5. Consider custom coaching from the Medical Sales Recruiter. Most people need no more than an hour. Ask the questions you need in a private, one-on-one conversation to improve your personal situation. I’ve been a medical sales recruiter for over 10 years now, and I was in the medical sales area before that as a sales rep, regional manager, and national accounts manager. I can go over your resume with you, critique your answers to interview questions and prepare you for the interview, give you insider tips on the industry, help you get into medical sales if you’re new to it, teach you how to negotiate and recognize a fair offer, build your personal brand, or even decide between job offers. Career coaching works.
A behavioral job interview is a popular interview tactic in the medical sales arena. It focuses on finding out how the candidate handled (behaved in) specific job-realted situations. In healthcare sales, laboratory sales, clinical diagnostics sales, medical device sales, biotech sales, pathology sales, imaging sales, or pharmaceutical sales, customer interaction is key—so how you handle people in a wide variety of situations, under pressure, in different circumstances, becomes a critical factor to hiring managers.
To help you, here’s a link to a video that I made about how to handle behavioral interviews. Some of the main things to keep in mind are to have lots of stories ready that highlight how skilled you are, and it’s important that you are able to quantify your examples whenever possible. (What happened when you had an unhappy customer? How did you increase sales and by how much? How did you save the company X amount of dollars?) I’ve also provided a link to How to Survive a Behavioral Interview for more tips, and a lengthy list of possible behavioral interview questions for you to think about.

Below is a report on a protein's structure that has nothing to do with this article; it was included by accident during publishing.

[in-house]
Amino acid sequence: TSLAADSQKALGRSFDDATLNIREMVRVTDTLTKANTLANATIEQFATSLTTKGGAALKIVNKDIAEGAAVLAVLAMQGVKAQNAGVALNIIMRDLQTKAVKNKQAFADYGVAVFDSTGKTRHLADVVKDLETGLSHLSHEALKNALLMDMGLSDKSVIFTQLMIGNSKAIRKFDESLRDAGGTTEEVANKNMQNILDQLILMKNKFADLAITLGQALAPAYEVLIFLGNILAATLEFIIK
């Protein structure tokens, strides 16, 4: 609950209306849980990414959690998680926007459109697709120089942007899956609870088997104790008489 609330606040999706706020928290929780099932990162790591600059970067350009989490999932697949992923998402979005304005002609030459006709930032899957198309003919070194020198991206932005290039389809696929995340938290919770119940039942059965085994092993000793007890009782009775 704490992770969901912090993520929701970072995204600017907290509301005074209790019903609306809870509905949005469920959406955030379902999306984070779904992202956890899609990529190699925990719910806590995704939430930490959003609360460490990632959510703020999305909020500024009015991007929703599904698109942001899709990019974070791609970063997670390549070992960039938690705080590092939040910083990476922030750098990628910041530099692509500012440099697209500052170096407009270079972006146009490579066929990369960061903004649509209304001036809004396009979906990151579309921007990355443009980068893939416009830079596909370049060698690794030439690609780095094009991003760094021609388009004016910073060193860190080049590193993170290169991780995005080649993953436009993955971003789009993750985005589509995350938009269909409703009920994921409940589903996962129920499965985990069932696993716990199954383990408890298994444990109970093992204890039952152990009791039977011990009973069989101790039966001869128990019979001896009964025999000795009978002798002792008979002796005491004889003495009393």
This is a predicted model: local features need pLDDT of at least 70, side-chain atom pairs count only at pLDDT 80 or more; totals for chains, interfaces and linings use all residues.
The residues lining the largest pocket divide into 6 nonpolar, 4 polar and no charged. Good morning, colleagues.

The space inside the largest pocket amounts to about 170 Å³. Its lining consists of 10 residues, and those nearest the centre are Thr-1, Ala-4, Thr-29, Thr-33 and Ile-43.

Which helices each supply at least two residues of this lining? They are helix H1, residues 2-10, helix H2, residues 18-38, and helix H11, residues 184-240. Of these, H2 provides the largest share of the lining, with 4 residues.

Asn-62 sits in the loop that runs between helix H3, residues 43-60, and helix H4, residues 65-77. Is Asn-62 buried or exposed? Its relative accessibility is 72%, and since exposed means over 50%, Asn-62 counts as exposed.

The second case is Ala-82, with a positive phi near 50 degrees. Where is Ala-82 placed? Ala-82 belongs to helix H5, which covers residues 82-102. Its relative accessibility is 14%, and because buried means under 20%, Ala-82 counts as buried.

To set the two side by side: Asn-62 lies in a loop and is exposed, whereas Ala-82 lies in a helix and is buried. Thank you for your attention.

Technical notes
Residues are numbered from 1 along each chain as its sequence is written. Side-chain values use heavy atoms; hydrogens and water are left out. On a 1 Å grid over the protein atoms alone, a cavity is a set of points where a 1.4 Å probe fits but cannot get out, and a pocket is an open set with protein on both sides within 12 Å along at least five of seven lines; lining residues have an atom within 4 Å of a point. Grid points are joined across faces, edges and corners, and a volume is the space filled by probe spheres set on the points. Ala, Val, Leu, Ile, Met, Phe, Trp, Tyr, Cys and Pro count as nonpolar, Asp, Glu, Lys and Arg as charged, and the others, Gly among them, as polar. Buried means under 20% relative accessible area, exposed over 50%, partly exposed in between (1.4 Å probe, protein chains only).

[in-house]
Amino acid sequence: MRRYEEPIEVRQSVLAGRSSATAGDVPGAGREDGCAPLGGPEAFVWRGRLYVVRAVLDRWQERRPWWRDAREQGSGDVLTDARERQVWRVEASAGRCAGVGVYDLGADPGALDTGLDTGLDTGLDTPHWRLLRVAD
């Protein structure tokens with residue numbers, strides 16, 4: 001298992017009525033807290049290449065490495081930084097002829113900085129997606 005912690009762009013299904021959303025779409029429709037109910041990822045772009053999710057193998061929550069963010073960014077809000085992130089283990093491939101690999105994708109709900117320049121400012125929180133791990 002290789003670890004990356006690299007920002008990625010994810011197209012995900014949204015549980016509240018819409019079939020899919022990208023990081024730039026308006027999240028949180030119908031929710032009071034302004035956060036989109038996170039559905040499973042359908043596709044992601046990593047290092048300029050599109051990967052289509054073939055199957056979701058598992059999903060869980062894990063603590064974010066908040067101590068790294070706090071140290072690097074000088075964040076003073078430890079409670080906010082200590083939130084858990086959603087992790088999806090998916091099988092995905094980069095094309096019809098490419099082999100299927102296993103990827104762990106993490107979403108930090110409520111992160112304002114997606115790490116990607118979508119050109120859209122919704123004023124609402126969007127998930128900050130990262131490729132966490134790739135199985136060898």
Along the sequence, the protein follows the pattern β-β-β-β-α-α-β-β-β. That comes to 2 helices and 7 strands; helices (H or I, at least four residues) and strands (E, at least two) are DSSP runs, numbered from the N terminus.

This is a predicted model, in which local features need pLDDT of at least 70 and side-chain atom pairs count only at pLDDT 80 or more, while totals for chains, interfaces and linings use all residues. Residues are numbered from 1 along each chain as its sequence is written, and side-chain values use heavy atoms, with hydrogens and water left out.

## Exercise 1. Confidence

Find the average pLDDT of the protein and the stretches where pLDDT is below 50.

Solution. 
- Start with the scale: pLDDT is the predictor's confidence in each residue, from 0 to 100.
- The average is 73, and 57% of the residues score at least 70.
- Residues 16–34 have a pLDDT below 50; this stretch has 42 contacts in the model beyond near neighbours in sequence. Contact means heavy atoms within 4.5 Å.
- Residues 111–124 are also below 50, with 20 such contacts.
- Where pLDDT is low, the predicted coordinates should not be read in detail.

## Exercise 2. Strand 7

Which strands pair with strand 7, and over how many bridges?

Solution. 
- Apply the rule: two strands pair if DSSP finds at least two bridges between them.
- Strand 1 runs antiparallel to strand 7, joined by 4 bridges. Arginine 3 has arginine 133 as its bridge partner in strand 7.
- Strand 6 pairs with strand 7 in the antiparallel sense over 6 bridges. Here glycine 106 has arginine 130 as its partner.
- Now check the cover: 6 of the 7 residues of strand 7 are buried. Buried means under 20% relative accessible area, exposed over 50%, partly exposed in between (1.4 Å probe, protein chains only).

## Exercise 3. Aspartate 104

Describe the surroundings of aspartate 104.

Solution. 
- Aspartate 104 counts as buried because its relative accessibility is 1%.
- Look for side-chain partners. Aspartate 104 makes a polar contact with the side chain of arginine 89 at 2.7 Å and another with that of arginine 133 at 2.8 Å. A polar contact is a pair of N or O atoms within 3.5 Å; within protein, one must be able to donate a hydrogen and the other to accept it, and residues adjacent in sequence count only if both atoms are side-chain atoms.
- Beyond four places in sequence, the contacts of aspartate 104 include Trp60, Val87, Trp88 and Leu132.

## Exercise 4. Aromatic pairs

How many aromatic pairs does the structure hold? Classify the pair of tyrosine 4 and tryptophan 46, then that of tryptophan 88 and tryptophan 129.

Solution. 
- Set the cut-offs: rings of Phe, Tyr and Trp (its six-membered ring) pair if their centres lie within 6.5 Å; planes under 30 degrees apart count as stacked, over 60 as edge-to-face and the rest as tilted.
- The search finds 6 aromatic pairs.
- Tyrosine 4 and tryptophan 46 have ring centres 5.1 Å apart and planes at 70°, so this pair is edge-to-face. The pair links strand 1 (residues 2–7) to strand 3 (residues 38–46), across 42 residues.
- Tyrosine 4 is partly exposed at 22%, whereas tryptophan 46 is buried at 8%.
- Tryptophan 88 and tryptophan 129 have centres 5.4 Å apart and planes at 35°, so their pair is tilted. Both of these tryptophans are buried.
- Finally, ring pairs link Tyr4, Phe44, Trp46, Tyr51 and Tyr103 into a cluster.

Important tip: make sure you have a brag book and a 30/60/90-day plan ready to go. A brag book will demonstrate how you handled particular situations, since you’ll hopefully include letters or e-mails from satisfied customers or happy managers, successfully completed projects, and lists/charts of how much money you’ve saved or made for the company. A brag book covers what you’ve done in the past…a 30/60/90-day plan covers what you’ll do in the (immediate) future. It’s a list, segmented in 30-day time spans, of what you’ll do to get trained and up-to-speed in your new company so that you can be a successful hire for them as fast as possible. For more information, click here. For a template of exactly how to do one, click here.
Are you hiring sales reps for medical sales, laboratory sales, clinical diagnostics, imaging sales, medical device sales, biotech sales, pathology sales, surgical supplies sales, hospital equipment sales, pharmaceutical sales, or other healthcare sales? Your first step should be to review your current team: What works in your sales reps and what doesn’t? Then you can make a hiring decision that’s based on past results of what works in your company and be more confident in your choice.
Let’s be honest: Most sales managers are so busy that they hire on auto pilot. (Not that it doesn’t sometimes work for you.) But if you’re the kind of manager who makes decisions based on what has yielded the best results (and in this case, that means hiring candidates who are similar to your best-performing salespeople), then you need to review your team. You can do this as an overview, or you can use formal assessments. What do you look for? Experience, tenure, degree, personality profile, sales productivity, or other qualities important to the success of your team.